Rendering is a complex process. Its differentiation cannot be uniquely defined; thus, a straightforward integration into neural networks is impossible.

Differentiable rendering (DR) constitutes a family of techniques that tackle such integration for end-to-end optimization by obtaining useful gradients of the rendering process.

Nvidia and Aalto University introduce a modular primitive to provide high-performance primitive operations for rasterization-based differentiable rendering. The proposed modular primitive uses highly optimized hardware graphics pipelines to deliver better performance than previous differentiable rendering systems.

Despite advances of utility (cloud) computing, could we still run out of compute power when it comes to AI innovation.

Could this throw us into another AI Winter?

Modern computers are out of their depth when it comes to deep learning and AI, according to recent research from MIT shared on a pre-print website. Modern computers can’t handle perpetual AI scaling In essence, we’ve exhausted the computing potential of modern computers , and researchers say we’ll soon […]

This is a fascinating development. We’re going to need real innovation in hardware (software, too), especially as Moore’s Law starts to run out of steam.

Computer scientists from Rice University, along with collaborators from Intel, have developed a more cost-efficient alternative to GPU.

The new algorithm is called “sub-linear deep learning engine” (SLIDE), and it uses general-purpose central processing units (CPUs) without specialized acceleration hardware.

One of the biggest challenges within artificial intelligence (AI) surrounds specialized acceleration hardware such as graphics processing units (GPUs). Before the new developments, it was believed that in order to speed up deep learning technology, the use of this specialized acceleration hardware was required.

Here’s a great guide on how to turn your sweet PC gaming rig into a lean, mean machine learning machine.

Installation for Anaconda3 is straightforward. Just follow the prompts in the visual installer and install on your computer. Note that if you install for all users, you’ll have to get in the habit of running some Anaconda related things as administrator for permission purposes.

In case you thought that the AI market was cooling off, have a look at this. (Emphasis added)

Based on the component, the market has been divided into hardware, software, and services. The software segment accounted for the significant share of the market in 2018 due to the high adoption of cloud-based software. This can be attributed to improved cloud infrastructure and hosting parameters.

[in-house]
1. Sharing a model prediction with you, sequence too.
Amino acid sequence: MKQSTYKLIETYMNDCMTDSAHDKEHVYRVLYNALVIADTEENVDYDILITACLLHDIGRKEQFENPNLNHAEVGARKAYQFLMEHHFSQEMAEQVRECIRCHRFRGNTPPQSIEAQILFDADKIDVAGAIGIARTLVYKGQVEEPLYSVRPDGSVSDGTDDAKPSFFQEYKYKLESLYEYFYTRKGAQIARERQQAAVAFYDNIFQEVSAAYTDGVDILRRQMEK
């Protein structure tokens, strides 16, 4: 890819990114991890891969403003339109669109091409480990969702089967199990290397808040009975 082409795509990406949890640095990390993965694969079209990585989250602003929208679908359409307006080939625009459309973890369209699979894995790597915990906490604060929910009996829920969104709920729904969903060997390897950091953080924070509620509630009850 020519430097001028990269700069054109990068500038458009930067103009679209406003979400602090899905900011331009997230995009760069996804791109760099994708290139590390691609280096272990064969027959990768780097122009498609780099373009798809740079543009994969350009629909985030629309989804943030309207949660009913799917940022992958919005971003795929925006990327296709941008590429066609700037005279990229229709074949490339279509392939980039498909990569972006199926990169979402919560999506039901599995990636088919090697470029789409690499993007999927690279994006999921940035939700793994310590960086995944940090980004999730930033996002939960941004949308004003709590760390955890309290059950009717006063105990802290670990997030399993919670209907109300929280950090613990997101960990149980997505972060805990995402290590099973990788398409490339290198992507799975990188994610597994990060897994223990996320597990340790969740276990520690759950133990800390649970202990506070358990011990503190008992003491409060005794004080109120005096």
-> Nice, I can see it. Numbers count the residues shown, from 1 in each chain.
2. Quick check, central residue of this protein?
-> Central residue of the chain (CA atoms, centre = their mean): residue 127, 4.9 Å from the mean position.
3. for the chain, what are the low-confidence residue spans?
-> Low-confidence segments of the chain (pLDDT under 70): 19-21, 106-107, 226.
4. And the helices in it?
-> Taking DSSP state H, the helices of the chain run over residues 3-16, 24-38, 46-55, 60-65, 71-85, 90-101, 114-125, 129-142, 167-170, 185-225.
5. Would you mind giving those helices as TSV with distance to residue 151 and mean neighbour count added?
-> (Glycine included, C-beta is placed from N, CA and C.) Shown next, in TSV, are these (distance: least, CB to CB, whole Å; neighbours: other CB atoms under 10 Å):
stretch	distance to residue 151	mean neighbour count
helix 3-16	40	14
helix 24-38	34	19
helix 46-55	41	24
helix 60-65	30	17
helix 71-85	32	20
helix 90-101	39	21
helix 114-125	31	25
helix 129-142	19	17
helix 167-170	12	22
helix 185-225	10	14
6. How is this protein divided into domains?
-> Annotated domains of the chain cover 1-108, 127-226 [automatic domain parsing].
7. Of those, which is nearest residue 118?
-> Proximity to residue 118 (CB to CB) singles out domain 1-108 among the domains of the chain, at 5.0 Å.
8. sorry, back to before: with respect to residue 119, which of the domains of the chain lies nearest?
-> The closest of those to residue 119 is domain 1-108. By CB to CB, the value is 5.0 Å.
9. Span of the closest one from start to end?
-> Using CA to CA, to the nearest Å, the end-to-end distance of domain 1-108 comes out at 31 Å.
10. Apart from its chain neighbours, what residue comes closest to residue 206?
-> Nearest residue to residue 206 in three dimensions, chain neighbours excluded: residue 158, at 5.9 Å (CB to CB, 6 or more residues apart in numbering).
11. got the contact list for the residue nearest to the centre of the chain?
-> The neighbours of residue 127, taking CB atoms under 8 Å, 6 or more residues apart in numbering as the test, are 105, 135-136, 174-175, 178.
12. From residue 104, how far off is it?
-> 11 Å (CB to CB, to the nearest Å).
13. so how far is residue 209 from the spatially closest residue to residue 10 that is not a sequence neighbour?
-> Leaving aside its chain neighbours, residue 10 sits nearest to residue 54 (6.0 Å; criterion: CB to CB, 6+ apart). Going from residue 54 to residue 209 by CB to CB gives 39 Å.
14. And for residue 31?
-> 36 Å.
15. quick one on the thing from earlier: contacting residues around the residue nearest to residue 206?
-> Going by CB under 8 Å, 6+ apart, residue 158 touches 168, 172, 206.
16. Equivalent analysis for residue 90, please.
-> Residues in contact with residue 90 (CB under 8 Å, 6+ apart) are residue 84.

However, the hardware segment is anticipated to observe the fastest growth rate during the forecast period. This is due to the growing demand for hardware optimized for machine learning, an increasing number of hardware providers, and technological development such as customized silicon chips with machine learning and artificial intelligence capabilities.

Yes, hardware is going to become more and more important to AI.

Hardware is getting interesting again.

Here’s an interesting paper published in Nature about Neuromorphic Computing.

Abstract below:

Guided by brain-like ‘spiking’ computational frameworks, neuromorphic computing—brain-inspired computing for machine intelligence—promises to realize artificial intelligence while reducing the energy requirements of computing platforms. This interdisciplinary field began with the implementation of silicon circuits for biological neural routines, but has evolved to encompass the hardware implementation of algorithms with spike-based encoding and event-driven representations. Here we provide an overview of the developments in neuromorphic computing for both algorithms and hardware and highlight the fundamentals of learning and hardware frameworks. We discuss the main challenges and the future prospects of neuromorphic computing, with emphasis on algorithm–hardware codesign.

Here’s an interesting look at what the next decade holds for AI and why hardware is going to be a big part of it.

“What we see happening in the transition to now and toward 2020 is what I call the coming of age of deep learning,” says Singer, pictured below with an NNP-I chip, tells The Next Platform. “This is where the capabilities have been better understood, where many companies are starting to understand how this might be applicable to their particular line of business. There’s a whole new generation of data scientists and other professionals who understand the field, there’s an environment for developing new algorithms and new topologies for the deep learning frameworks. All those frameworks like TensorFlow and MXNet were not really in existence in 2015. It was all hand-tooled and so on. Now there are environments, there is a large cadre of people who are trained on that, there’s a better understanding of the mapping, there’s a better understanding of the data because it all depends on who is using the data and how to use the data.”

Tony Gambacorta shows you how to explore your hardware with a serial port.

If you’re interested in hardware but haven’t had a chance to play with any yet, this one’s for you. In this “hello world”-level reversing project we’re checking out a UART (serial port) and using it to access a shell on a *very* soft target. If you decide to try it on your own you’ll find an equipment list, walkthrough references, and some troubleshooting ideas at the link below.